Feb 15, 2024; Fort Lauderdale, FL, USA; Inter Miami CF forward Lionel Messi (10) controls the ball against the Newell’s Old Boys in the second half at DRV PNK Stadium. Mandatory Credit: Nathan Ray Seebeck-USA TODAY Sports Credit: Nathan Ray Seebeck-USA TODAY Sports

The 2024 Major League Soccer (MLS) season kicks off on Wednesday night and there’s not shortage of buzz surrounding the league.

In addition to this marking the second year of MLS’ groundbreaking deal with Apple, it will also be international superstar Lionel Messi’s first full season as a member of Inter Miami.

But while most of MLS’ momentum over the course of the past year could be attributed to the arrival of Messi, the league’s commissioner has taken somewhat of a curious stance regarding its biggest star. Speaking to the Sports Business Journal last week, Don Garber called for media members to pay attention to more than just the Argentina native, and made a curious comparison while doing so.

“It’s easy and somewhat lazy for reporters to just write about Messi — it’s like writing about Taylor Swift,” Garber said. “There’s so much more here that I think people need to recognize.”

While Garber is obviously responsible for the entire league and not just Inter Miami or Messi, at this point, that might be a distinction without much of a difference. And ultimately, MLS should be welcoming as much mainstream coverage as it can get, whether it focuses on Messi or not.

Intentionally or not, Garber’s comparison of Messi and Swift is actually a good one, as they are both two of the most famous people in the world. But as we saw over the course of the past six months, the NFL welcomed the extra attention that Swift’s relationship with Travis Kelce brought, as you never heard Roger Goodell telling reporters, “Well, actually, you guys should be focusing more on the Detroit Lions instead.”

Not that it would have mattered anyways, as the media would have continued to focus on Swift — just as the soccer media will continue to prioritize Messi. In fact, according to SBJ, Gannett and the USA Today Network has taken a page out of the Los Angeles Times‘ Super Bowl playbook for Swift by hiring a reporter (Safid Deen) to exclusively cover Messi moving forward.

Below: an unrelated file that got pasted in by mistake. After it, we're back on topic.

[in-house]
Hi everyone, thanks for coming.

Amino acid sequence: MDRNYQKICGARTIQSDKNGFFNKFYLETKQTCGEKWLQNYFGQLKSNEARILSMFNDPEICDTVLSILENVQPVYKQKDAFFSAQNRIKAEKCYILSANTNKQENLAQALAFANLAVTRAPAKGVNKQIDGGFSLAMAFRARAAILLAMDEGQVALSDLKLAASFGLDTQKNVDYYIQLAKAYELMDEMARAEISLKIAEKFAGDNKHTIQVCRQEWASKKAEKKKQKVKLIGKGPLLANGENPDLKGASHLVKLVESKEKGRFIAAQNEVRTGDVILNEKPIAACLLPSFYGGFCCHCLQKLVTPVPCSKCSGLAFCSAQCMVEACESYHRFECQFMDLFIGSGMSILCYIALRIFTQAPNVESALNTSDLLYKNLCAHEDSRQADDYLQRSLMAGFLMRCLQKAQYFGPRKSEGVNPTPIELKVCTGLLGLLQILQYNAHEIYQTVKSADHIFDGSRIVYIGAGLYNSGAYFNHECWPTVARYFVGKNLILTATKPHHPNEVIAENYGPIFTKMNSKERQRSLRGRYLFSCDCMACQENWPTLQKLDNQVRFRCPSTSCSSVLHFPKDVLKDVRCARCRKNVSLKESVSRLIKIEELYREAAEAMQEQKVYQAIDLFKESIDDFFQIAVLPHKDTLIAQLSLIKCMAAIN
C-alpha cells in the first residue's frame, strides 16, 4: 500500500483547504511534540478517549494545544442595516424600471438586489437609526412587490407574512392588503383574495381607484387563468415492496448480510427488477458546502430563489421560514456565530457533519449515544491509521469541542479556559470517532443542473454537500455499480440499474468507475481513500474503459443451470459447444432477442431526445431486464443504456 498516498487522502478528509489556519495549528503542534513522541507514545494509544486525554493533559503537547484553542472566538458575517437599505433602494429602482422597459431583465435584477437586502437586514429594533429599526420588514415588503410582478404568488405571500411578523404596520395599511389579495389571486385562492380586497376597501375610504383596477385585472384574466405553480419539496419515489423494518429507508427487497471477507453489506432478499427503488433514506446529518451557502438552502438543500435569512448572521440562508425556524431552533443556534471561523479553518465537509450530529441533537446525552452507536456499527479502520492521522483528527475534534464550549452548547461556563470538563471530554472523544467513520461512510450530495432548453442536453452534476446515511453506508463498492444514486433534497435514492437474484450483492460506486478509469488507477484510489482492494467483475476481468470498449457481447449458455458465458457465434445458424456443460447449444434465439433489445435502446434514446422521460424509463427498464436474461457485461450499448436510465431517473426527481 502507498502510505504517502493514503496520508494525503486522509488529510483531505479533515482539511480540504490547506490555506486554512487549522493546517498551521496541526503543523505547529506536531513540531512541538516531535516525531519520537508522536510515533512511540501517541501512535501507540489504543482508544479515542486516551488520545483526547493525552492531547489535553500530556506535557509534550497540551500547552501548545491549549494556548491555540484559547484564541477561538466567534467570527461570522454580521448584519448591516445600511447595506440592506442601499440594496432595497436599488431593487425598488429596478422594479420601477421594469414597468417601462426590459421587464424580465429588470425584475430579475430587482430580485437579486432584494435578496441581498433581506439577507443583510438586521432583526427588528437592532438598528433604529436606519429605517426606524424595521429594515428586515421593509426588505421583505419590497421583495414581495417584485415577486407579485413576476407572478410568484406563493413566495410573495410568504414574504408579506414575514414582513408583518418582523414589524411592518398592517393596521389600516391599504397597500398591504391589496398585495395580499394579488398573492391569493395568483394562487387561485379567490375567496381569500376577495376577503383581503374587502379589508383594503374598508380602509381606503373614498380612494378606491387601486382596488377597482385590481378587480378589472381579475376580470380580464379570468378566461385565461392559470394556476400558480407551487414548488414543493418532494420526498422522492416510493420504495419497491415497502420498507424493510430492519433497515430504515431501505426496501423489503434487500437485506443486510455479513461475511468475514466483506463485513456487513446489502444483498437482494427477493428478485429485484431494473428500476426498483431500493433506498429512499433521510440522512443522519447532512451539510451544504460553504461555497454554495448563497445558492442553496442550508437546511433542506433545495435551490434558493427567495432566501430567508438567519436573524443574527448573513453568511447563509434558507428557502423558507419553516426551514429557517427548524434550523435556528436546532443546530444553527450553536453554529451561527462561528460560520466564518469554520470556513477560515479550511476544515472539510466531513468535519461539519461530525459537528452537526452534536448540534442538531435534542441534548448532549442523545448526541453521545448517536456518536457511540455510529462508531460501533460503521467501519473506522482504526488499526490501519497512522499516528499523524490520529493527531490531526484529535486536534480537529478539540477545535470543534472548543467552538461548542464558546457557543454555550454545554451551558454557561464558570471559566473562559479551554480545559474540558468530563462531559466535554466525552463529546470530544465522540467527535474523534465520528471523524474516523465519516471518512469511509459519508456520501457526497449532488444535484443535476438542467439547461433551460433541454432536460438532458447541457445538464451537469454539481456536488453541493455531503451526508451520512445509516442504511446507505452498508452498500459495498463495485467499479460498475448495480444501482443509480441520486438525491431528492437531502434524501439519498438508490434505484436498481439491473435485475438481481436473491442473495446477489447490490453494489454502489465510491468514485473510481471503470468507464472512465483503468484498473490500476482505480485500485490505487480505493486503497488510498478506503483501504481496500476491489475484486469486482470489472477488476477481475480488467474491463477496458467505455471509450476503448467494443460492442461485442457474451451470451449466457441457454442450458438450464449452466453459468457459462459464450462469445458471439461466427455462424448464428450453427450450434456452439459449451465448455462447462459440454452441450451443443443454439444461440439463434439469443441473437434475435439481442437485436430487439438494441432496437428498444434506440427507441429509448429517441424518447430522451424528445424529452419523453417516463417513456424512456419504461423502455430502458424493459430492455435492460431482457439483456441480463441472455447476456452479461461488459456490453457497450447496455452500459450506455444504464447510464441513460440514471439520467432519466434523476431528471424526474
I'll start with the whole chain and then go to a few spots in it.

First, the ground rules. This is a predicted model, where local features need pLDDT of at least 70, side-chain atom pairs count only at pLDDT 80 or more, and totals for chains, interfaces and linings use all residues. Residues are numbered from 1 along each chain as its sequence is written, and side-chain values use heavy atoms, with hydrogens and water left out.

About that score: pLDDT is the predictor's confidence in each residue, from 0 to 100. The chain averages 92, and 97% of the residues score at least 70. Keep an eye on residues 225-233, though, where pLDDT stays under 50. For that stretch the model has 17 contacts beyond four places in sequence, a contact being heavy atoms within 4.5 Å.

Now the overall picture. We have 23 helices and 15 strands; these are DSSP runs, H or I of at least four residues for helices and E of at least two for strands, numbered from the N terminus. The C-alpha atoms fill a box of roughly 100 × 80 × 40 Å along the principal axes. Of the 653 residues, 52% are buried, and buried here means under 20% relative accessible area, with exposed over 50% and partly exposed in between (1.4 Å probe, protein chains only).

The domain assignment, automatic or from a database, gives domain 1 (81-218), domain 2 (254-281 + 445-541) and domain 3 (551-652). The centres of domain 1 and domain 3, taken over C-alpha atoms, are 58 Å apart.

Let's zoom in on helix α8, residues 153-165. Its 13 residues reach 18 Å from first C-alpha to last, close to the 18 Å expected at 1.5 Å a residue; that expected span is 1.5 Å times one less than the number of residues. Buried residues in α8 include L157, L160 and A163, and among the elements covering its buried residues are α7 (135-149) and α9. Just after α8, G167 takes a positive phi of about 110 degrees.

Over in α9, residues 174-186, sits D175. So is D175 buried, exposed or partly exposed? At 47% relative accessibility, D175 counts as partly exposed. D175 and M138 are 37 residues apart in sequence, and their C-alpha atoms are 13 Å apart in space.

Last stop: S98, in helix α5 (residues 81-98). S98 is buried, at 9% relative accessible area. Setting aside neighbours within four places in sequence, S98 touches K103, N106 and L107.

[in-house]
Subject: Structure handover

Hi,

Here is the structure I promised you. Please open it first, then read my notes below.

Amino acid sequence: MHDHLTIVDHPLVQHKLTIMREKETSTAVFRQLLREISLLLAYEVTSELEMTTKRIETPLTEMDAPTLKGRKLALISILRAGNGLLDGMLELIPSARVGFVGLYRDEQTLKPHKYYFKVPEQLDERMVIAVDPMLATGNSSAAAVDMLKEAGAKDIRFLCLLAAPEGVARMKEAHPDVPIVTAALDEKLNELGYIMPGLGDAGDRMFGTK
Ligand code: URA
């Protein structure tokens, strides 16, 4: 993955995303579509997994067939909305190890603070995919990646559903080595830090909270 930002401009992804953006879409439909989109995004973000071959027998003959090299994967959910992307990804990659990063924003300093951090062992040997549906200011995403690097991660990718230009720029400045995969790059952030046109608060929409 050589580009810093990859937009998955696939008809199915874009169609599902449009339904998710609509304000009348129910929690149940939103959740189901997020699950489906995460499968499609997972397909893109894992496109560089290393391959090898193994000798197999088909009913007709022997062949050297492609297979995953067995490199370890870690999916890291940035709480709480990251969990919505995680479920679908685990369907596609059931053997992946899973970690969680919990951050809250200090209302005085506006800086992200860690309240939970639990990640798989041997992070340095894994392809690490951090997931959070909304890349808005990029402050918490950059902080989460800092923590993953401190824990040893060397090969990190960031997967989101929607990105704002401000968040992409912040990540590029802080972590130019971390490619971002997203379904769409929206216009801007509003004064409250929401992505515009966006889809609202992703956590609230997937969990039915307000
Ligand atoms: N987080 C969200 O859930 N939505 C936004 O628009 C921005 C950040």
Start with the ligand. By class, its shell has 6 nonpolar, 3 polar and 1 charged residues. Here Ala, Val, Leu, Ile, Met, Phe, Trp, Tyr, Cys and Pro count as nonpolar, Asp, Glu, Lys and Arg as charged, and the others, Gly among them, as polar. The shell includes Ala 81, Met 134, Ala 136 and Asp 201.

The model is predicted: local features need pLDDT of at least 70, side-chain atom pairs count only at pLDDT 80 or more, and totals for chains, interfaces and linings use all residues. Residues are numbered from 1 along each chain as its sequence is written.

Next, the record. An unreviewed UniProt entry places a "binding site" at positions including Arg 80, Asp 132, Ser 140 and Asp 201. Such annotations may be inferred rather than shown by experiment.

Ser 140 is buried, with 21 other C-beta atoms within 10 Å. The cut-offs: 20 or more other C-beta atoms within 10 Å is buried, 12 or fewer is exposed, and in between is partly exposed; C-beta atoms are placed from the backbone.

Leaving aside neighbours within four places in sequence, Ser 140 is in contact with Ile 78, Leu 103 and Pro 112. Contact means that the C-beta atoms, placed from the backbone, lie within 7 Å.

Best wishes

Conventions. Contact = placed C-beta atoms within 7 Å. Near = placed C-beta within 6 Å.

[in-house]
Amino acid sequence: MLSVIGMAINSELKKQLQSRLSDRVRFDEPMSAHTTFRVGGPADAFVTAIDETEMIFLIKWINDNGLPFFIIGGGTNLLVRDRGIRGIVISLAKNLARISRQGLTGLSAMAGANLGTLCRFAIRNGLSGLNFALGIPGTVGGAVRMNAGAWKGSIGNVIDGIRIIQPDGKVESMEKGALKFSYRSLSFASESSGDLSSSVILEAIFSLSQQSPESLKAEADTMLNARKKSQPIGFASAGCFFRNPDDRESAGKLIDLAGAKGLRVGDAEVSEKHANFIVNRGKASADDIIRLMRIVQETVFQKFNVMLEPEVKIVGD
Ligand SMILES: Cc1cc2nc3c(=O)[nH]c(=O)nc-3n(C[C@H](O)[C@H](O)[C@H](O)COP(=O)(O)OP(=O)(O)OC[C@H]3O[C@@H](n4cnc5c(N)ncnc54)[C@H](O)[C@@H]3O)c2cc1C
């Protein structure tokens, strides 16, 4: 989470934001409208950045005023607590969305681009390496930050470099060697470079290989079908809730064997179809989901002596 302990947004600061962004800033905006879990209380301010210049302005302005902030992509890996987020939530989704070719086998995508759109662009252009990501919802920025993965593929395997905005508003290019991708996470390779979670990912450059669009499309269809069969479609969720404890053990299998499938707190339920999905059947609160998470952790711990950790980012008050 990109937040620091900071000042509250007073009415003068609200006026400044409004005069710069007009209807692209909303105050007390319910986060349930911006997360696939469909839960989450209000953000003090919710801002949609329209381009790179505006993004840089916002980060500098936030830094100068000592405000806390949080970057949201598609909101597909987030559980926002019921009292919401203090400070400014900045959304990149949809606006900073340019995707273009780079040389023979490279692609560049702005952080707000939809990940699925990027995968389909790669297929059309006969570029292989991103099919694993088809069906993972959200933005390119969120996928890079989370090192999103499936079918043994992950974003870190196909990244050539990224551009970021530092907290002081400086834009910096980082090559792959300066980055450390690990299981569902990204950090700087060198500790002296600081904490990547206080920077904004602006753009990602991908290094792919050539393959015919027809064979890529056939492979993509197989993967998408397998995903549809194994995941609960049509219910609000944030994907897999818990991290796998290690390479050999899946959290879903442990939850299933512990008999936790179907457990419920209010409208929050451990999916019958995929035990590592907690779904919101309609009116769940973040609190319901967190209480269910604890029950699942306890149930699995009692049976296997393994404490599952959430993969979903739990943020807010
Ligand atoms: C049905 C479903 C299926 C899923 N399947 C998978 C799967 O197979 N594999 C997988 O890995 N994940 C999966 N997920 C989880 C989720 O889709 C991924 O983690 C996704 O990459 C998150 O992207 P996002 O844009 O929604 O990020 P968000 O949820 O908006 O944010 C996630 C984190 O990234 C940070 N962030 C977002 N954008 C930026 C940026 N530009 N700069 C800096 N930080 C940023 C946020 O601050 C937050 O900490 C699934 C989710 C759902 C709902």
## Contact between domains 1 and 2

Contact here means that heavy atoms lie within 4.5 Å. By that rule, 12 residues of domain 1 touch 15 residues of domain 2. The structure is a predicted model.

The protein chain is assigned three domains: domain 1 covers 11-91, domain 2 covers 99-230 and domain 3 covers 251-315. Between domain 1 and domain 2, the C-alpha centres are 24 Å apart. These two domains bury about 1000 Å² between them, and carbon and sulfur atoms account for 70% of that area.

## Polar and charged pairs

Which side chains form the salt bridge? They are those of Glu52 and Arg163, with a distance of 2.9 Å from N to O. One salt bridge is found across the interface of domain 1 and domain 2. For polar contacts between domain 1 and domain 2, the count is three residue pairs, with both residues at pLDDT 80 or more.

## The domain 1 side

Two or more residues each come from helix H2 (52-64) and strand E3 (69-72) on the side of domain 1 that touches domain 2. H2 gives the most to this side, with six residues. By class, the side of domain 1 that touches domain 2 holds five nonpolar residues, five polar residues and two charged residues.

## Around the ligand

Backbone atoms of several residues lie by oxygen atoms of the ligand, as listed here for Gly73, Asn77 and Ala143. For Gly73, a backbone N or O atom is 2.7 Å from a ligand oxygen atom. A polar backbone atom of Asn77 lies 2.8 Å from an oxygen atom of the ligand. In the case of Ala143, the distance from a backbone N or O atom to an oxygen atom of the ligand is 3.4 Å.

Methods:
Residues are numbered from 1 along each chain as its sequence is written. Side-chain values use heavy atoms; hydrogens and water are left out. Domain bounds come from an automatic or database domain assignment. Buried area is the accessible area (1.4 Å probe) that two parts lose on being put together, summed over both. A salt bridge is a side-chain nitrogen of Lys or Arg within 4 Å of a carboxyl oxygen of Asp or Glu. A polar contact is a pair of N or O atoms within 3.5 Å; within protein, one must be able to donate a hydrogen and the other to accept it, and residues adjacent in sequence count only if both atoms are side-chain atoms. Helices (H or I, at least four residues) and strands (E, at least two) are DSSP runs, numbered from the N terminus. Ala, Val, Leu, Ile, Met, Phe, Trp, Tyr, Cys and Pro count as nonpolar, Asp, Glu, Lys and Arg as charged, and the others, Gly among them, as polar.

Nevertheless, Garber’s comments seem to paint the picture of a commissioner grappling with how much his league’s recent success is all attributed to a single player.

“Messi helped take this league to new heights and gave us momentum on a trajectory that was established in the years leading up to building a league that Messi would want to be a part of,” he said.

That might be the case, but there’s also a reason why the league was willing to facilitate an unprecedented contract to bring him to Miami. And while the league will eventually need more than just the 36-year-0ld Messi to continue on its current trajectory, it’s clearly not in that position yet.

If it was, it wouldn’t need its commissioner to say so.

[Sports Business Journal]

About Ben Axelrod

Ben Axelrod is a veteran of the sports media landscape, having most recently worked for NBC's Cleveland affiliate, WKYC. Prior to his time in Cleveland, he covered Ohio State football and the Big Ten for outlets including Cox Media Group, Bleacher Report, Scout and Rivals.